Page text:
A Turkish national who was beaten by Greek Cypriot police for a brief and unintentional intrusion at a Nicosia border gate has entered the 13th day in his illegal detention as Greek Cypriot authorities have inexplicably prolonged his complaint process in a possible move to force him to retract his complaint.
60-year-old Mehmet Sapmaz, who resides in Gazimağusa (Famagusta) in the Turkish Republic of Northern Cyprus (TRNC), briefly crossed into Greek Cypriot territory on his bike at the famous Ledra Palace crossing without noticing the checkpoint on August 31.
Although Sapmaz returned to the border soon after a police vehicle started chasing him, a police officer attacked him at the border gate and continued to assault the 60-year-old at the station.
The inhumane, violent and degrading treatment by the Greek Cypriot police was uncovered through the application of Greek Cypriot NGO the Movement for Equality, Support and Anti-Racism (KISA), which has since been backed by eyewitnesses' statements.
After filing an application, Greek Cypriot watchdog the Independent Authority for the Investigation of Allegations and Complaints against the Police (AADIPA) launched an investigation into the matter.
Although Greek Cypriot authorities have not charged him, Sapmaz has entered day 13 of detention through the administrative order of the Director of the Civil Registry and Migration Department, forced to spend the entire Qurban Bayram (Feast of the Sacrifice, also known as Eid al-Adha) away from his family.
Lawyer Özge Uğraşın, who represents Sapmaz, told Daily Sabah that the biggest problem remains the fact that Sapmaz is being kept in custody while Greek Cypriot authorities investigate the complaint.
"As there are no legal proceedings against Sapmaz, there is no legal basis for his detention," said Uğraşın, who also represents the Turkish Cypriot Human Rights Foundation, adding that a habeas corpus application would be submitted before Greek Cypriot courts if Sapmaz's detention did not end shortly.
The independent researcher previously assigned to the case said that the report over his complaint would be ended by September 8, but when that day came, the period was extended for another week, Uğraşın explained.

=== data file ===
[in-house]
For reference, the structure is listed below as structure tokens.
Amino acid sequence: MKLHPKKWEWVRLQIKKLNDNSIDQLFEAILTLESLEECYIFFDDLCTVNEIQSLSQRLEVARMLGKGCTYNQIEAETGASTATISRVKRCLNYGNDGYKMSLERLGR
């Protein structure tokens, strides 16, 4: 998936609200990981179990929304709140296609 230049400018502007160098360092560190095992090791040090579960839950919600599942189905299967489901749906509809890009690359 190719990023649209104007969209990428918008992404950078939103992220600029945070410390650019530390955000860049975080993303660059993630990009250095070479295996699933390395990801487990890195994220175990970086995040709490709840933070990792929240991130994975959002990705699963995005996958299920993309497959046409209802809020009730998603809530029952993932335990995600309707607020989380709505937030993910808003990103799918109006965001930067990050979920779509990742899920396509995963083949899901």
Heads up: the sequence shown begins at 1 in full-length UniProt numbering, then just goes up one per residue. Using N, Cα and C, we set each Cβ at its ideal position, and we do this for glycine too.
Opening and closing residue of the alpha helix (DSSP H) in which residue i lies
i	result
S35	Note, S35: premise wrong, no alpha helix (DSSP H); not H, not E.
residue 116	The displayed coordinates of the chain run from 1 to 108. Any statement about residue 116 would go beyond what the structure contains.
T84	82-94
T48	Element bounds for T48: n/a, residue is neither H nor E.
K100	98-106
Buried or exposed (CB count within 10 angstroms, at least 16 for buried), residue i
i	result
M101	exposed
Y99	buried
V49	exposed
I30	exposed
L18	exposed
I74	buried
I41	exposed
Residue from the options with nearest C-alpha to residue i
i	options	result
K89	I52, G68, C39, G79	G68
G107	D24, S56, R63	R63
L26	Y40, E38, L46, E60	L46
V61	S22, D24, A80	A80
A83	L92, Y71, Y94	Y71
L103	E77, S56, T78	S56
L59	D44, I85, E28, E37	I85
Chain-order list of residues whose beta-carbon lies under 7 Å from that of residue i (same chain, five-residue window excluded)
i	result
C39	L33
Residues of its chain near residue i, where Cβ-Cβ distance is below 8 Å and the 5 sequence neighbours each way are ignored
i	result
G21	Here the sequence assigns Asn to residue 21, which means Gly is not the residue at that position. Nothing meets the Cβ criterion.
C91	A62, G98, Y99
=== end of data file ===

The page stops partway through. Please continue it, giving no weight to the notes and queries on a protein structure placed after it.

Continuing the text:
"If the report is concluded positively for the victim and backs his claims against the police officer, then he could be set free even if he does not carry a passport," Uğraşın said and added that it would allow the victim to launch a lawsuit against maltreatment and illegal detention in local courts. The verdict could be also be appealed at the European Court of Human Rights, as Greek Cyprus is a member of the European Union.
"The detention of the victim until the complaint is examined puts pressure on the victim to retract his complaint," she added, noting that Greek Cypriot authorities were trying to force Sapmaz to give up on his complaint by prolonging his detention period.
She added that it was very important that the Turkish Embassy in TRNC acts quickly and sends his travel documents, as the Greek Cypriot Administration may use the lack of documents as an excuse to prolong his detention.
Uğraşın said that she interviewed Sapmaz on September 8 and saw that he accepted the issue in a very calm and mature manner, and said that he wanted the police officer to receive the appropriate punishment for the violent treatment. He also said that he hoped to return to his country immediately, Uğraşın said, adding that his health condition was improving, although the scars and bruises from the beating are still visible.
A diplomatic source from the Turkish Embassy in Nicosia, who spoke under the condition of anonymity, said that embassy officials are closely following Sapmaz's case but their impact on the issue is limited since Turkey and the Greek Cypriot Administration – internationally recognized as the Republic of Cyprus – do not maintain diplomatic ties. The embassy relies on information coming from TRNC and U.N. authorities as well as technical committees established among the two Cypriot communities, the source noted.
TRNC authorities will seek to visit Sapmaz tomorrow at the migration facility where he is being held in Greek Cypriot territory through U.N. channels, the source added.
In addition to his lengthy detention, authorities intend to deport Sapmaz to Turkey through Greece, instead of facilitating his return to his family in the TRNC through cooperation with authorities at the U.N., as it is applied in special cases.
Turkish nationals who cross into the south from the TRNC, only internationally recognized by Turkey, are subject to lengthy deportation procedures via Greece when apprehended by security forces in a process that usually takes five to seven days.
The north-south border dividing the island and capital Nicosia, a U.N. buffer zone known as the "Green Line," has been calm over the last decade with only minor scuffles involving security forces and immigrants. Cypriots, both from the Turkish and Greek parts, are able to cross the line freely and tourists are also subject to lax requirements.
However, due to occasional tensions, the U.N. has maintained the United Nations Peacekeeping Force in Cyprus (UNFICYP) at the buffer zone since 1974, when Turkey used its guarantor rights and conducted a military intervention to the island to protect the long-persecuted Turkish Cypriot community against a right-wing Greek Cypriot junta aiming to unite the island with Greece.